Which is the clearest Translucent Polymer Clay?

Which translucent polymerclay is the clearest? When baked hot, Pardo translucent is more clear than any other brand.
Created with Pardo Professional Art Clay, this necklace shows how you can create designs that take advantage of the translucent properties and the clarity of color.

Much has been said recently about Translucent Pardo Professional Art Clay. It’s a polymer clay that has been rumored to be the clearest translucent polymer clay on the market. I’ve worked with it, and yes, it is incredibly clear. But is it the clearest translucent polymer clay? Cindy Leitz made a video comparing Pardo to other brands and Emma Ralph did a comparison of Cernit and Pardo Translucent. But I wanted to see them all together. So I did what any mad scientist would do. I ran my own tests. In the spirit of a scientific research paper, here are my findings.

What’s the Clearest Translucent Polymer Clay?

  • Each brand’s translucent clay has its own characteristics. They’re not all alike.
  • Pardo and Cernit’s translucents are the most clear by far, and have little color cast.
  • Premo’s translucent polymer clays are quite clear, but have a beige color cast.
  • Fimo, Sculpey III, and Kato have translucent clays that are not very clear.
  • Any translucent will be cloudy when thick, none are perfectly transparent.
  • Most translucents will brown easily if your oven’s temperature is incorrect.
  • Pardo, however, becomes much more clear when baked hot and is remarkably heat tolerant with little browning.
  • The clearest translucent polymer clay brands work well for faux glass effects.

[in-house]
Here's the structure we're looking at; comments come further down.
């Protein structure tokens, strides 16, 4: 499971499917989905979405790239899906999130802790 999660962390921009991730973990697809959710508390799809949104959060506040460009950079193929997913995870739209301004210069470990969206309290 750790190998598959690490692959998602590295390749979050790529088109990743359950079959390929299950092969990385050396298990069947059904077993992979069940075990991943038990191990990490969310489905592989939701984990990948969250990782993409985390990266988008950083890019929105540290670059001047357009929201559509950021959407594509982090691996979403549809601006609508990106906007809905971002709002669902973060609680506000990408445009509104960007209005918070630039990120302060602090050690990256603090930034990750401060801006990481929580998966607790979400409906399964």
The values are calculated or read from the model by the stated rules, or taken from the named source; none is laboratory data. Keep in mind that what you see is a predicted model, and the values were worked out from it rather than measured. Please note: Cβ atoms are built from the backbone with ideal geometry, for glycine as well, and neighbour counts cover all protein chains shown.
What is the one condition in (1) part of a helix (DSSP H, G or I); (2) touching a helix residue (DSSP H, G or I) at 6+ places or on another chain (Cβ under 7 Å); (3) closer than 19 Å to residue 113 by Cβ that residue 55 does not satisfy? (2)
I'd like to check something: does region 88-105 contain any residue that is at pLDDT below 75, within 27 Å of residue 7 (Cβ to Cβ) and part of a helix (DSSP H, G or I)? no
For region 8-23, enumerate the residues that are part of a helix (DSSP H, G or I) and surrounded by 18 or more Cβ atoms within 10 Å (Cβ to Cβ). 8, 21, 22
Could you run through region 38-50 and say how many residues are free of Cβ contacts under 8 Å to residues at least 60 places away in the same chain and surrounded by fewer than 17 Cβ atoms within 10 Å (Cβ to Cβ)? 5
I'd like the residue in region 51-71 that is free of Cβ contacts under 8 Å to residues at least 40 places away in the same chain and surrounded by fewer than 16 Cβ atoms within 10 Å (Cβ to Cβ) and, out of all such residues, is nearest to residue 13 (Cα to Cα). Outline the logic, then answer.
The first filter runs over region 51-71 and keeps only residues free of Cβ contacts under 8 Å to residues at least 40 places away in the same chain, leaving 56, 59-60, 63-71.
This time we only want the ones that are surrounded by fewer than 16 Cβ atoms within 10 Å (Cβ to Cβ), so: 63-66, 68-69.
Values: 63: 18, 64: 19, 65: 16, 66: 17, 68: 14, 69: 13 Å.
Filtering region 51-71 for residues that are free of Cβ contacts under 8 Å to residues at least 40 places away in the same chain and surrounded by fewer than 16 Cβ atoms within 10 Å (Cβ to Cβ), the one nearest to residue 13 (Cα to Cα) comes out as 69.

• The less clear brands of translucent polymer clay work nicely for faux stone effects and to give a less chalky effect to your colors.
  • For more info about working with translucent clays, check out the Translucent Clay FAQ

Which brand is the clearest translucent polymer clay? Read the article at The Blue Bottle Tree to find out.

Materials and Methods

I compared every polymer clay brand’s translucent that I could find. I conditioned each clay, carefully avoiding the introduction of bubbles. I rolled sample sheets in the thickest setting (#1) on my Atlas pasta machine and the thinnest (#8) that I could make (the machine goes to a #9, but I’ve never had clay come through that alive). The thick setting is about 1/8″ (3mm) and the thinnest is about the thickness of a playing card. I baked all brands according to the directions on the package (which I have to say don’t give the best results). All of the clay I used was recently purchased and appeared to be fresh, with the exception of the Cernit. The package I have is several years old.

The brands of translucent polymer clay I tested, and the temperatures/times used were:

  • Pardo Professional Art Clay, 250°F (121°C) for 30 minutes
  • Cernit, 265°F (130°C) for 30 minutes
  • Kato Polyclay, 300°F (150°C) for 10 minutes
  • Fimo Effect, 230°F (110°C) for 30 minutes
  • Sculpey III, 275°F (135°C) for 15 minutes
  • Premo Translucent, 275°F (135°C) for 30 minutes
  • Premo White Translucent, 275°F (135°C) for 30 minutes

I baked these in a full size oven which has been checked for temperature accuracy. I baked all samples on a ceramic tile inside of a covered foil pan.

Results

Unbaked Clay

A sample of raw uncured translucent polymer clay in several brands was compared for color.
Pardo, Fimo, and Cernit translucent polymer clays start out quite white in the raw state. Kato, Sculpey, and Premo are colored in their raw state. It’s no surprise that the clays stayed that color once they were baked. Interestingly, though, the color had little to do with the translucency once baked.

Thin Sheets

Comparing thin sheets, which is the clearest translucent polymer clay? Read the answer at The Blue Bottle Tree.
Thin sheets of translucent polymer clay show Pardo, Cernit, and Premo to be close rivals for holding the title for most translucent.
Translucent Pardo Professional Art Clay, Cernit, Kato Polyclay, Fimo Effect, Sculpey III, and Premo polymer clays are compared for translucency on a black background.